Low- and middle-income households will soon be able to join the nation’s growing renewable energy movement, thanks to a new Yale-led collaboration that seeks to examine and expand the market for solar power.

Led by Kenneth Gillingham, a professor of economics at the Yale School of Forestry & Environmental Studies, this collaboration stems from the U.S. Department of Energy’s Solar Energy Evolution and Diffusion Studies program, which funds efforts to make solar power a more cost-competitive source of energy. On Oct. 20, Gillingham’s team received $1.35 million from SEEDS to pursue a project that will use behavioral science as a springboard for developing new approaches to incentivizing solar adoption by households.

“One of our end goals is to provide a knowledge base for different stakeholders, whether they be policymakers, companies in the market, local governments, nonprofits or anyone else who is interested in the solar space and how to increase solar adoption,” Gillingham said.

In a previous SEEDS-funded study that ran from 2013–16, Gillingham partnered with Duke University researchers, the Connecticut Green Bank and nonprofit marketing firm SmartPower to investigate how social interactions can maximize the diffusion of solar technologies in Connecticut. The first SEEDS project revealed that community-based programs can make a significant impact on homeowners’ decisions to adopt solar power, Gillingham said.

According to Gillingham, the group will further investigate strategies for promoting greater solar adoption by taking a two-pronged approach: targeting low- and middle-income households, as well as areas in which solar installations can be the most effective in relieving electricity grid congestions. The current project team — SEEDS II — held its official kickoff meeting on Monday.

“What we realized is that even though we’ve had such incredible success [with SEEDS I], there’s still a large segment of the American people who are simply left behind on solar — predominantly low- and middle-income workers,” SmartPower President Brian Keane said. “Solar is not just for the wealthy — we maintain that [widespread implementation of solar power] is achievable, and what has to happen is messaging and on-the-ground outreach.”

This second phase will expand the scope of SEEDS I by exploring how homeowners in Connecticut, New York and South Carolina respond to outreach efforts associated with Solarize, a model that uses community leaders, “solar ambassadors” and incentives like group pricing to encourage solar adoption. The team hopes to make solar power more accessible by helping lower-income households bridge financing and information gaps, according to Lucas Johnson FES ’18 SOM ’18, one of four students from the Yale Center for Business and the Environment hired to work on SEEDS II.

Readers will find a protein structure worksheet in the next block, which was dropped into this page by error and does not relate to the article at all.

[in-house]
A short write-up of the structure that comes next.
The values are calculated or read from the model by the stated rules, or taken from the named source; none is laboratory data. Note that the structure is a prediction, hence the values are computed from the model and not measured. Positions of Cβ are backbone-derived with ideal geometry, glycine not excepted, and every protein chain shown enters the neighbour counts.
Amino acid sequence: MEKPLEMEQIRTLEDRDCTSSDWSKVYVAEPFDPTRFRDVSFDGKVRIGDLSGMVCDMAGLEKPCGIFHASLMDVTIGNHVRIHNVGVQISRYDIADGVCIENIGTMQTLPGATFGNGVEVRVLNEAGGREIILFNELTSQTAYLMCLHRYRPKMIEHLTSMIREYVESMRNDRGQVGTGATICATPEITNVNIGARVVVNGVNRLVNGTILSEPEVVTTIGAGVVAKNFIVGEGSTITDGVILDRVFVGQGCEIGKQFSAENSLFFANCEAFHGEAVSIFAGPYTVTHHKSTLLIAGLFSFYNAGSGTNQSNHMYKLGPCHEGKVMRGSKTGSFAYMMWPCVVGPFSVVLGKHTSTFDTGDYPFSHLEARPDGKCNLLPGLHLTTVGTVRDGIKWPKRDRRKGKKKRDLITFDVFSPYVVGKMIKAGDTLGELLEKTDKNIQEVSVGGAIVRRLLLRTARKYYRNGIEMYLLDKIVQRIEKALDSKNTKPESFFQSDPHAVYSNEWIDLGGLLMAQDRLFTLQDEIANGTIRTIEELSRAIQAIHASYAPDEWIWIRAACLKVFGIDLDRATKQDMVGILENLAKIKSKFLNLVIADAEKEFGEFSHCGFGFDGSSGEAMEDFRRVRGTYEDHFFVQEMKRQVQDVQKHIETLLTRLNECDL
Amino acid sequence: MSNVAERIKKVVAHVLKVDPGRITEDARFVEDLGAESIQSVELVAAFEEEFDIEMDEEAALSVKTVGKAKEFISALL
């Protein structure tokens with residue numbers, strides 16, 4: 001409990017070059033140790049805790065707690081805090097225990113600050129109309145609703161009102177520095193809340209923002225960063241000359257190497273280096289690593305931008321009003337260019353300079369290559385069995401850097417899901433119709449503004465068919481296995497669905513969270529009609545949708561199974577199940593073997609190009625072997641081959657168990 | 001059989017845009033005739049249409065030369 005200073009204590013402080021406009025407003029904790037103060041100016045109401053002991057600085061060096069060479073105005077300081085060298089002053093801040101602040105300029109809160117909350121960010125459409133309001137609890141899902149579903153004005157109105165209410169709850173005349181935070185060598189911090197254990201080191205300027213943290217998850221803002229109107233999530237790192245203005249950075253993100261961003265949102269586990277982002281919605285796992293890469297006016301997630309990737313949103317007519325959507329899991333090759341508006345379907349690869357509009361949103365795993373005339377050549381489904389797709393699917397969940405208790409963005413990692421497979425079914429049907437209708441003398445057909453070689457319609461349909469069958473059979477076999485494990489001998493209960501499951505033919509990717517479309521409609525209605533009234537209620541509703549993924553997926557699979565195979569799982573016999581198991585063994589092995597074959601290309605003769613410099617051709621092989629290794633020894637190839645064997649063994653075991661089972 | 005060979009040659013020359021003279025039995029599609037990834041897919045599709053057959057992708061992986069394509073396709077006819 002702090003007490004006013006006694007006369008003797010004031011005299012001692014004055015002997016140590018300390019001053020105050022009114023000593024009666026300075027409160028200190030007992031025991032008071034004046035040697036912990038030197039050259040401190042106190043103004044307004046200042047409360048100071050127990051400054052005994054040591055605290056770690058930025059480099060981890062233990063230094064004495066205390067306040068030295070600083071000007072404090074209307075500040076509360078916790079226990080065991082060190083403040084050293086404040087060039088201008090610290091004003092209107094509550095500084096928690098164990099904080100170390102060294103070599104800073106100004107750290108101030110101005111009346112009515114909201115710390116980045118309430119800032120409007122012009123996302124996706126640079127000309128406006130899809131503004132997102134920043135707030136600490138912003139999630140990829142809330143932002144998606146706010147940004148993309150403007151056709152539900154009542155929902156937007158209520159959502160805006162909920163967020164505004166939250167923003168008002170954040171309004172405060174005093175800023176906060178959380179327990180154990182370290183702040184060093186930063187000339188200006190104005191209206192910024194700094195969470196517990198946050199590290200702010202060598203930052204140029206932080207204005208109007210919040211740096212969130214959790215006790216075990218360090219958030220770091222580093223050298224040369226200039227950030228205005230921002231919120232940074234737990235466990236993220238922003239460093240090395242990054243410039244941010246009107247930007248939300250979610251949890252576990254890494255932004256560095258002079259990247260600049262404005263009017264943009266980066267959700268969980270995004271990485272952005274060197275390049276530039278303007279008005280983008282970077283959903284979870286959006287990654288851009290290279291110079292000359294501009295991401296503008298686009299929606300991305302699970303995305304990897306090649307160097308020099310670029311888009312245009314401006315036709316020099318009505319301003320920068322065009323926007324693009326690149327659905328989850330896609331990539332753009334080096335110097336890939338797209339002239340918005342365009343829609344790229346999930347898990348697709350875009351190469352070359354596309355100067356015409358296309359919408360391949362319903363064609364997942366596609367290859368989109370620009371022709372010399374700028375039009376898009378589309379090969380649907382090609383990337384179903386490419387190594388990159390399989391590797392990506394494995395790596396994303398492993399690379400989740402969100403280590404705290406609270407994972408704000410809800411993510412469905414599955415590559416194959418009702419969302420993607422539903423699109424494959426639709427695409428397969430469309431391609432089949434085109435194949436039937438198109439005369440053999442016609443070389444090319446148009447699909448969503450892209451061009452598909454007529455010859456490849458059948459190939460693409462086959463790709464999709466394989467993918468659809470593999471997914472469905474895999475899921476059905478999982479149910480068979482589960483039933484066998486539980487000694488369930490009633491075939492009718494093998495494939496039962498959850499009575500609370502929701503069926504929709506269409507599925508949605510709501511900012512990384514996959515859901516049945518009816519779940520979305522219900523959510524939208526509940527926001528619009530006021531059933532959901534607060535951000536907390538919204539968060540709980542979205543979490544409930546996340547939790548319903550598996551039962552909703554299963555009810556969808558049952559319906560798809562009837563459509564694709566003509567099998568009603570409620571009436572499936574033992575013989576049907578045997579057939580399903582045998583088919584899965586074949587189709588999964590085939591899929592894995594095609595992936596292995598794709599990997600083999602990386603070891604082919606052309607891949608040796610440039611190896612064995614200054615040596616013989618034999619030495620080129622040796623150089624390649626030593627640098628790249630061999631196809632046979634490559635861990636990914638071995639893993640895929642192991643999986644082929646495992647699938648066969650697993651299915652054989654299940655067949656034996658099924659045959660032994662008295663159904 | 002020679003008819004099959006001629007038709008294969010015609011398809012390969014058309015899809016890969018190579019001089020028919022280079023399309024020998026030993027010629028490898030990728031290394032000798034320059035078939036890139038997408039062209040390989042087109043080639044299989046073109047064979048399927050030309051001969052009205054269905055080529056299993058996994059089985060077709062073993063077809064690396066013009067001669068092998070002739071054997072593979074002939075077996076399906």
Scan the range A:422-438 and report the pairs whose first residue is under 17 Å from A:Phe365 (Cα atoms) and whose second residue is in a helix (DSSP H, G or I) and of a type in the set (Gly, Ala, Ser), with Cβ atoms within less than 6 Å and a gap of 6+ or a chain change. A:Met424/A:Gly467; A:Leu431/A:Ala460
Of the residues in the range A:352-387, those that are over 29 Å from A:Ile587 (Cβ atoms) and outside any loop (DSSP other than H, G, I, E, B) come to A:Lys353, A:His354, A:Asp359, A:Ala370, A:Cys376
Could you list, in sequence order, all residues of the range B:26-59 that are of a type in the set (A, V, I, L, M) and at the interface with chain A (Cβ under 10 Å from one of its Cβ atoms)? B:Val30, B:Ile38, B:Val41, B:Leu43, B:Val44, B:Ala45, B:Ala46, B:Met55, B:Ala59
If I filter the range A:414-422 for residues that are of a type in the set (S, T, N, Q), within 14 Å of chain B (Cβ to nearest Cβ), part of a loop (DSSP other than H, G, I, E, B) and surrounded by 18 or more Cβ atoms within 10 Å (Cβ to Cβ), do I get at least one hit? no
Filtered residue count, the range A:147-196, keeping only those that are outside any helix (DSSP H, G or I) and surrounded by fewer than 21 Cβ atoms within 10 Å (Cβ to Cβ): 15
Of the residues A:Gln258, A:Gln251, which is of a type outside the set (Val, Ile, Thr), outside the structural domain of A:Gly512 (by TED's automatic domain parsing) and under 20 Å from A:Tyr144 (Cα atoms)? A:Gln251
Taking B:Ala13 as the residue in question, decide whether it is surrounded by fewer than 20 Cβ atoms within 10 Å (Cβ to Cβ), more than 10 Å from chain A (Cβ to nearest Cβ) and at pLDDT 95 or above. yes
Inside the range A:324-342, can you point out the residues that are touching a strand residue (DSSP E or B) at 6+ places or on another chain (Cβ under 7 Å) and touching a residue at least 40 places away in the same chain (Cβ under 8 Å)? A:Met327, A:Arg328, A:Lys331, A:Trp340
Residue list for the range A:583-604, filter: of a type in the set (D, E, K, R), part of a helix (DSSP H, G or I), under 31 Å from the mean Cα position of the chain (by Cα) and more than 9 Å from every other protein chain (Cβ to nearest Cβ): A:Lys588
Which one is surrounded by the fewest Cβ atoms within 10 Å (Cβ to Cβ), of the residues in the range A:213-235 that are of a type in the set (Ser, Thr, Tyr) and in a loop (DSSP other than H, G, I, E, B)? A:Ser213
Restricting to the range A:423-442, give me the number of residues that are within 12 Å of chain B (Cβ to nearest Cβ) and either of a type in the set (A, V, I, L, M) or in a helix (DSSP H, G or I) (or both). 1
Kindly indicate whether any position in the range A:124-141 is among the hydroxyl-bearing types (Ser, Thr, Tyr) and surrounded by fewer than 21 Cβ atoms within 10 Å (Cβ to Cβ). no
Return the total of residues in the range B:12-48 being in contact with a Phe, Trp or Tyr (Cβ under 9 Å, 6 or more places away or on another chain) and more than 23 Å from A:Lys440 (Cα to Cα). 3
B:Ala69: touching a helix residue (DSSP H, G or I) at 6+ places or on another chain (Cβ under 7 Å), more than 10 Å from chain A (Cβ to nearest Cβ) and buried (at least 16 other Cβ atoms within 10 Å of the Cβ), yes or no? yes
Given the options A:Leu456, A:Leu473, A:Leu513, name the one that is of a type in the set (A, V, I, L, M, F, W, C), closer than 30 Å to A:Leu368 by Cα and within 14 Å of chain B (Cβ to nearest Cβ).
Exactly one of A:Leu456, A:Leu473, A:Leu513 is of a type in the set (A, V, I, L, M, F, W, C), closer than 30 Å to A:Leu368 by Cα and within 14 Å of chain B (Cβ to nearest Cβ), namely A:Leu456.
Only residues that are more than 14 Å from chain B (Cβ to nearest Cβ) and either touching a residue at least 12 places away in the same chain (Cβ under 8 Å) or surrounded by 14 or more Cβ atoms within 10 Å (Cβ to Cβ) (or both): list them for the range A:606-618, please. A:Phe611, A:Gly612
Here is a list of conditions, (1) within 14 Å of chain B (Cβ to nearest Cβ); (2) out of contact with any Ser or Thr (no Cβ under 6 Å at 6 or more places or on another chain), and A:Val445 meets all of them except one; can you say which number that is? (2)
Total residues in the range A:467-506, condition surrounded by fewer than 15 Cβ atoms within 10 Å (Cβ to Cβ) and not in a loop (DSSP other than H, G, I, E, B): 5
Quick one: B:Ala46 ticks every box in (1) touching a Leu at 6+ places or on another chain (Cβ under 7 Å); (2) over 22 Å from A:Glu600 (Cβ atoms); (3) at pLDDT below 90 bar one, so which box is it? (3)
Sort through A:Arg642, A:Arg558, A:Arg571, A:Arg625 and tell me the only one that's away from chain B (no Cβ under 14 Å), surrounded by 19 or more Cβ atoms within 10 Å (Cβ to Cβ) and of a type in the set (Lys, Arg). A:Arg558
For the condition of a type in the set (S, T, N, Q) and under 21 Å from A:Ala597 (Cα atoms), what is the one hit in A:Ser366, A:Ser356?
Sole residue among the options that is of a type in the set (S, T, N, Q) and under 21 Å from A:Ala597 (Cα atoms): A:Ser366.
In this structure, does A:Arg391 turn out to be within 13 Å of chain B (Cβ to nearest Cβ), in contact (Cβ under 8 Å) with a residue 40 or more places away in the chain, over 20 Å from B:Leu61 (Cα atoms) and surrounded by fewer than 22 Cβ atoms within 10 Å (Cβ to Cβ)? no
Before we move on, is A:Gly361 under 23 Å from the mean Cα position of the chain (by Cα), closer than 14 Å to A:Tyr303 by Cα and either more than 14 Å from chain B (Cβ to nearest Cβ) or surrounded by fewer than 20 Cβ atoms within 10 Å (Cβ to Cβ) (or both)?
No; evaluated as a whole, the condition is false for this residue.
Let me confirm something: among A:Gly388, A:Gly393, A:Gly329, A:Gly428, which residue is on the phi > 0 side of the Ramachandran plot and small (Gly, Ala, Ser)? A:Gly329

SEEDS II will also look into how utility companies can be incentivized to incorporate solar into their future programming, according to Sara Harari FES ’18 SOM ’18, another SEEDS II research assistant from CBEY. Solar power is currently an unattractive option for many utility companies due to the dispersed nature of solar panels, so one project goal will be to help utility companies better understand the benefits of incorporating solar power into the grid, Harari said.

In addition to the previous partner organizations, the new SEEDS II team will include researchers from Tel Aviv University in Israel, who will develop agent-based models for the project, as well as MySunBuddy, a peer-to-peer solar sharing platform that will work with SmartPower to connect solar owners and buyers.

“I think the SEEDS II project will help answer important questions about how to ensure the renewable energy transition is equitable and directly benefits everyone,” said Kathryn Wright FES ’13, one of MySunBuddy’s co-founders. “It will also contribute to discussions around the value of distributed solar to the grid and how to most impactfully deploy solar. I’m looking forward to how our findings can assist utilities and the solar industry adapt to growing demand for renewables.”

The $1.35 million SEEDS grant will fund another three-year project. According to Gillingham, the first year will consist of conducting randomized field experiments that will focus on strategies for reaching low- and middle-income populations. The second year will target the second mission of the project: using electricity grid data to promote solar in areas of high value to the grid and to society. In the final year, the team will compile their findings into a guidebook on best practices for supporting solar adoption.

Gillingham added that solar is a particularly interesting type of renewable energy because the decisions pertaining to solar power are largely made by individuals, not companies. Solar is becoming a viable technology to more and more consumers, he said, which will lead to a more dynamic market and homeowner decision process.

“I think we are at a very exciting time in the evolution of energy and electricity resources in the United States and around the world,” SEEDS II research assistant Nate Kaufman FES ’17 said. “There’s clearly a long way that we need to go in order to make the shift to cleaner energy, and I think this project is an example of an innovative way of trying to figure out how we can expedite the revolution.”

The SEEDS program belongs to the U.S. Department of Energy’s SunShot Initiative, which aims to make solar power cost-competitive with other forms of electricity by 2020.